Masih Alinejad, a leading Iranian dissident based in the US, has been put under 24-hour police protection in the UK after the Metropolitan police received credible threats to her life.
Alinejad has become one of the main amplifiers of the protests inside Iran, appearing at the UN and meeting European leaders such as France’s Emmanuel Macron and the Netherland’s Mark Rutte.
The Met, Alinejad said, told her “‘because of the level of the threats we are going to be with you and protect you everywhere you go. So give us your schedules, we have to know everything in advance to prepare close protection.’”
Alinejad said the protection was “quite shocking, because I know that the British are a little bit relaxed when it comes to death threats. Now, I believe that the level of the threat is very intense, and it’s very serious. And that shows the Islamic Republic actually challenging the UK government on UK soil.”
British police came to see her at her hotel room after she was interviewed by Piers Morgan this week.
“I’m not as scared for my life, I survived kidnapping plots,” she said. “I survived an assassination plot so I am not scared for my life at all. I dedicate my life to giving voice to voiceless people. This is my goal. But this is scary. This is scary that the free world is allowing the terrorist regime of Iran to make its decisions.”
Alinejad left Iran in 2009 and has been living in the US since 2014. She became an international figure when she launched a Facebook page inviting Iranian women to post pictures of themselves without a hijab.
With a social media following of more than 8 million, she describes herself “a channel for the voiceless”.
She is in the UK until Saturday to meet lawmakers and make the case for the proscription of the Islamic Revolutionary Guards Corps as a terrorist organisation.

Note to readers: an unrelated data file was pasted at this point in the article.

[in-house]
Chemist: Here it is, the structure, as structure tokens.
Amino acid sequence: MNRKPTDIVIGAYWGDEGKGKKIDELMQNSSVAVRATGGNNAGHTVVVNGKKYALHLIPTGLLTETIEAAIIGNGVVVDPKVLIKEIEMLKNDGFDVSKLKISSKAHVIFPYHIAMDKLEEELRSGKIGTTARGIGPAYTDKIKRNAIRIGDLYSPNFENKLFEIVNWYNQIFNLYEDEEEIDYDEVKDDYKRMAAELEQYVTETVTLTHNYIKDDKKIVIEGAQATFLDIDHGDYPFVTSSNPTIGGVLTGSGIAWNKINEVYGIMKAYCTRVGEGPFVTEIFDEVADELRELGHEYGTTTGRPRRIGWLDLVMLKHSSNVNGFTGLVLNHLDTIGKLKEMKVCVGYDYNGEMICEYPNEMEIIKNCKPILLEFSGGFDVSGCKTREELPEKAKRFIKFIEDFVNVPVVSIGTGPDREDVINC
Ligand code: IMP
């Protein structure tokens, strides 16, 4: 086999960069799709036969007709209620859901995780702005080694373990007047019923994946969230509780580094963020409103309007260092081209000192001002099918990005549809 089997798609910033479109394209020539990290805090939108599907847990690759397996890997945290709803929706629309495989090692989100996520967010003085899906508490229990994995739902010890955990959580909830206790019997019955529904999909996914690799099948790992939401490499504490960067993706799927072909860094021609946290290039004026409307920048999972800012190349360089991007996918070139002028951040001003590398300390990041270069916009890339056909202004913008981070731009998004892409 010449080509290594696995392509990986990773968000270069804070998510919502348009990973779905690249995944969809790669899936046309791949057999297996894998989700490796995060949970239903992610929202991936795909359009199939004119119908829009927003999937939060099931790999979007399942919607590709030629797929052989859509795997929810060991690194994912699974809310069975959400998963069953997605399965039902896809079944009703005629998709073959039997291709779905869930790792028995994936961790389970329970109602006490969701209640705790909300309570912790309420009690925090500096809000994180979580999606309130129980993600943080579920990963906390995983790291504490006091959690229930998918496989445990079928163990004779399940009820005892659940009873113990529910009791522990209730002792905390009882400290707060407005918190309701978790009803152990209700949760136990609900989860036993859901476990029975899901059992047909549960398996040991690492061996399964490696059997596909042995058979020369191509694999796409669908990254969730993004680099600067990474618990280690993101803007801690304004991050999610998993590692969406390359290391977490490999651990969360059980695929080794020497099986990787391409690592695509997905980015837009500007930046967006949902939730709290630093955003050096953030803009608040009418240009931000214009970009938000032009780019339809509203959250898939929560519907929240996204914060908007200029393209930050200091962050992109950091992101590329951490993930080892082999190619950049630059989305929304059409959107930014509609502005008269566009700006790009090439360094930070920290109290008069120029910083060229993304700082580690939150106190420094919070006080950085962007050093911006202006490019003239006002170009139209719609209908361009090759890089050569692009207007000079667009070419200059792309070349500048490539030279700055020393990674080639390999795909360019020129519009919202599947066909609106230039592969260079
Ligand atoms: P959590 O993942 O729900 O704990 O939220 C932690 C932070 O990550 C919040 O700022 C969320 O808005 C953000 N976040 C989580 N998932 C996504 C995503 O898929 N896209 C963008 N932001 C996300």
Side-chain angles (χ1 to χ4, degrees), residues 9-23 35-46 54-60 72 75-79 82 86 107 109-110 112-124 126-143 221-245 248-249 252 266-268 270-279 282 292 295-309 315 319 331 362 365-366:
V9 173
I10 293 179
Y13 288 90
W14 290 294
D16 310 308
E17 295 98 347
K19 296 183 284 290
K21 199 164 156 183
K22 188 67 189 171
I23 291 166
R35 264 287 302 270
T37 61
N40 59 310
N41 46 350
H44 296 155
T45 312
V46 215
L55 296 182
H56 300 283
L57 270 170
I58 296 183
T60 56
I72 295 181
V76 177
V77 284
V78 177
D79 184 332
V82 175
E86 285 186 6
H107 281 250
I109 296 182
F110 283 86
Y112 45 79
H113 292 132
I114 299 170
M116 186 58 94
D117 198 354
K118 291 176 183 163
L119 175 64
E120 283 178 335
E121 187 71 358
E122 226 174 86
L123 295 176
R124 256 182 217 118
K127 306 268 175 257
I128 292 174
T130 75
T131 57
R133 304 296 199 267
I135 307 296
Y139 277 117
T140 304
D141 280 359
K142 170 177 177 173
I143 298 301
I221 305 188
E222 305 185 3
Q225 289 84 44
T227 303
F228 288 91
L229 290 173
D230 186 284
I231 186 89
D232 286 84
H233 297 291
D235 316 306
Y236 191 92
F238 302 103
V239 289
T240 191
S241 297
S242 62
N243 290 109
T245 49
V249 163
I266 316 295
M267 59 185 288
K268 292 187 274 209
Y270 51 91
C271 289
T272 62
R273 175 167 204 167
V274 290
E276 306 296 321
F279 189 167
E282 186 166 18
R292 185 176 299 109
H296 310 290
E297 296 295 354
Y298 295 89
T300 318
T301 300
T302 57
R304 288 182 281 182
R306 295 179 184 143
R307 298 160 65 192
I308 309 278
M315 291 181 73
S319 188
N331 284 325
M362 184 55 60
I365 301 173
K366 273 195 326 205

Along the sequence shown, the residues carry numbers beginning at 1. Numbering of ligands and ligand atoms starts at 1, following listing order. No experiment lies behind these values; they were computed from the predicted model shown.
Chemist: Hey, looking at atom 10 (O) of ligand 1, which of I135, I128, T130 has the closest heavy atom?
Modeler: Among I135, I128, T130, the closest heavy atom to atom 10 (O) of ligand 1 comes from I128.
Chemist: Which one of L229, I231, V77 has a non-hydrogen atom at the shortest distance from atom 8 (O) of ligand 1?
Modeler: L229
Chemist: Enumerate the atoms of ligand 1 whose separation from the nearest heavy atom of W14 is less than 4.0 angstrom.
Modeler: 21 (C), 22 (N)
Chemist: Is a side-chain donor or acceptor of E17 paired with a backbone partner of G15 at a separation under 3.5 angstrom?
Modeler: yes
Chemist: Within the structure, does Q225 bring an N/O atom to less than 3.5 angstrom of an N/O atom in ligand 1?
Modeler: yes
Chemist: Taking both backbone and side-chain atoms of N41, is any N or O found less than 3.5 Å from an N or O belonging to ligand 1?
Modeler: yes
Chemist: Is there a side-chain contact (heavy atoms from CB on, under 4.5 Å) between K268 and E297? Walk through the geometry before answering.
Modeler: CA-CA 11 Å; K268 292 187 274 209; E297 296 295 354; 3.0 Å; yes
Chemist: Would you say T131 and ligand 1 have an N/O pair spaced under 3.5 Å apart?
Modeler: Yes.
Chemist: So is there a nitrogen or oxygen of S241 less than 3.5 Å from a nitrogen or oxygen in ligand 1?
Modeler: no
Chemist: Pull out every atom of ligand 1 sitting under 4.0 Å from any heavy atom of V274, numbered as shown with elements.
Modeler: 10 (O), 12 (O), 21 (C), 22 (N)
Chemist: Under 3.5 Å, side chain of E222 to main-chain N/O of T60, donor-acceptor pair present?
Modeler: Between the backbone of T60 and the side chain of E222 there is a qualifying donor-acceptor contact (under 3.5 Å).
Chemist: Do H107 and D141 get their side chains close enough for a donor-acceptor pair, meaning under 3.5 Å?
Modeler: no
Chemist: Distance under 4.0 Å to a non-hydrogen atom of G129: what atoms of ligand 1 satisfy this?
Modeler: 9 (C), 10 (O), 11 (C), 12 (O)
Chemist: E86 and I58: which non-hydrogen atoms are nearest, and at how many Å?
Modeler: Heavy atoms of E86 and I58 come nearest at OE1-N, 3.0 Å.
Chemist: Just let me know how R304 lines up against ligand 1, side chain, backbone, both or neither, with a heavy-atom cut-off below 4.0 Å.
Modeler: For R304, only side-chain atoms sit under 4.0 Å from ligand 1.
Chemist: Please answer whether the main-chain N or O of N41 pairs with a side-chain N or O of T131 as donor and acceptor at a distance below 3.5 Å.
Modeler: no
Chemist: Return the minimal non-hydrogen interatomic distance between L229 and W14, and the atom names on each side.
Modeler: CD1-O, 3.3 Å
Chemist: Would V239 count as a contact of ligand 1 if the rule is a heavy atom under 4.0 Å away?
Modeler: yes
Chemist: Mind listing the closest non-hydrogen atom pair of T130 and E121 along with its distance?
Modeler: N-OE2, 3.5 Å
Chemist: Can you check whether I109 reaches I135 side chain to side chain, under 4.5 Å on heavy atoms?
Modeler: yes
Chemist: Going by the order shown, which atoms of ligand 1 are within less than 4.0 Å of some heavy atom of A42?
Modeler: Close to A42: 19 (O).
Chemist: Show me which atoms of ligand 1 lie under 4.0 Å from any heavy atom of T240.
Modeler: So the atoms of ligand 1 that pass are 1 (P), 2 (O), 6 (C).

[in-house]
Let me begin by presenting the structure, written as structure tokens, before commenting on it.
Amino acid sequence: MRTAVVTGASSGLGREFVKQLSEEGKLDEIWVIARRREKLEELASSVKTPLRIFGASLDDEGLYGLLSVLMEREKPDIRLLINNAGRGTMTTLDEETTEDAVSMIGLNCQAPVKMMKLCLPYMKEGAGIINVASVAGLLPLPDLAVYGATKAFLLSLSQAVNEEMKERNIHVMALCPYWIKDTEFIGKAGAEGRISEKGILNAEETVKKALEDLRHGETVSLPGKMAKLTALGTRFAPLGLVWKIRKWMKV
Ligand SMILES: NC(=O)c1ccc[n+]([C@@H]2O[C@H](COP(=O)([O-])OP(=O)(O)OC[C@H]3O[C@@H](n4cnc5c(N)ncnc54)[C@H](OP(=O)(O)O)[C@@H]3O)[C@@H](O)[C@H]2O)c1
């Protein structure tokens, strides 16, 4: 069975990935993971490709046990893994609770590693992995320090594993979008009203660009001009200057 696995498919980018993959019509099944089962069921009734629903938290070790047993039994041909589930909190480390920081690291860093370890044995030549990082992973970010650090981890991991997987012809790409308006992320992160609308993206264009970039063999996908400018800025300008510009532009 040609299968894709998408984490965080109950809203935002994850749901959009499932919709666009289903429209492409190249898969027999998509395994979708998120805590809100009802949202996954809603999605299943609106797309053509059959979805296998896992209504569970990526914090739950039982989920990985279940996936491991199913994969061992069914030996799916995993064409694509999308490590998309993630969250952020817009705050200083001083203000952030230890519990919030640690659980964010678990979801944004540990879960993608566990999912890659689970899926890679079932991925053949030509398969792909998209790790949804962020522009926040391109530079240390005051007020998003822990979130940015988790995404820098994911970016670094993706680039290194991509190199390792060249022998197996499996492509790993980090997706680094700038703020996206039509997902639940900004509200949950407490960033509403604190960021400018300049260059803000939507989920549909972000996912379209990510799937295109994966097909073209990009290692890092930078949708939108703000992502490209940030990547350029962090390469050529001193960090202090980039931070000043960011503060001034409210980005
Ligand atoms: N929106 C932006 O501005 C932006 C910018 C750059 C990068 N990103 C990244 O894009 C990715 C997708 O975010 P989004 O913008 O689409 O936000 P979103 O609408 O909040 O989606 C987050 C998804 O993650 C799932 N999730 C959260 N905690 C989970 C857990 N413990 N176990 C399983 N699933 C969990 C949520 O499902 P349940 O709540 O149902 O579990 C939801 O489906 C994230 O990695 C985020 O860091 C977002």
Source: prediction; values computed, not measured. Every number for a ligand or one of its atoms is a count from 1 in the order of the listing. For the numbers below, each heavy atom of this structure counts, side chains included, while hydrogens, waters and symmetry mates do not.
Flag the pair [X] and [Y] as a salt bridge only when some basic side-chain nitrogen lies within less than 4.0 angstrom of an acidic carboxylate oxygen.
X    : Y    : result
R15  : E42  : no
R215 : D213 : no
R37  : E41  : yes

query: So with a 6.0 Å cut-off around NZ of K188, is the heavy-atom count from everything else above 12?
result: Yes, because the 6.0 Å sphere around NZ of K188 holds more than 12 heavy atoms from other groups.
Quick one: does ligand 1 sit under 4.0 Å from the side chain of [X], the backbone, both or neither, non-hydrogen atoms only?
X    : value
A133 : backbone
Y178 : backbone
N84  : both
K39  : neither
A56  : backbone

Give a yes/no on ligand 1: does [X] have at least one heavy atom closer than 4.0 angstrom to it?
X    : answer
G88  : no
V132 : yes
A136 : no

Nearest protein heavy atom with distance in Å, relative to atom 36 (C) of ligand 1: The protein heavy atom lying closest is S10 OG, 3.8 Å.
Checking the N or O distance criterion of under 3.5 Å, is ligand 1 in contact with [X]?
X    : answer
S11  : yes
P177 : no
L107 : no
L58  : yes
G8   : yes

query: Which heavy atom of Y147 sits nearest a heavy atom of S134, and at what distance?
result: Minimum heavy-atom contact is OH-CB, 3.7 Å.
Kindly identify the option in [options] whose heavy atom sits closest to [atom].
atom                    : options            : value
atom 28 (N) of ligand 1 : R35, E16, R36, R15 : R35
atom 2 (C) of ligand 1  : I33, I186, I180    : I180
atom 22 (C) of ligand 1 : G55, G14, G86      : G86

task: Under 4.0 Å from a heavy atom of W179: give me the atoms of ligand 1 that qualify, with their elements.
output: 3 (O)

Alinejad criticised European leaders who think there is any purpose in negotiating with Iran on a nuclear deal and sent out a warning they are being watched by the women of Iran. “Iranian people are sacrificing their life in the streets, facing guns and bullets, saying that the time for reform is over.”
She said the scale of the repression had been stepped up, including a spate of executions. “We cannot ask people to go to the street and get killed to understand that the revolution is alive. I know that in journalism there is a famous expression, that when it bleeds, it leads. But honestly, we don’t need to see blood in the streets to understand that the revolution is alive.”
She said street by street the women of Iran were showing the middle finger to the authorities trying to force them to wear the hijab. “I always compare the compulsory hijab to the Berlin Wall, but it is not about me now. It is about teenagers. There is the line in Margaret Atwood’s Handmaid’s Tale: ‘They should have never given us uniforms if they didn’t want us to be an army.’ The women of Iran are taking off the uniform and telling the mullahs we are ending this gender apartheid. The teenagers are like teenagers everywhere – they are not going to be told by barbaric mullahs what music to hear and what to wear.”
There was only one subject she was reluctant to discuss – the state of the sometimes viciously divided external opposition. “Dictators were really good at dividing their own opposition, it’s not just us. Look at the Russian opposition, the Venezuelan opposition.”
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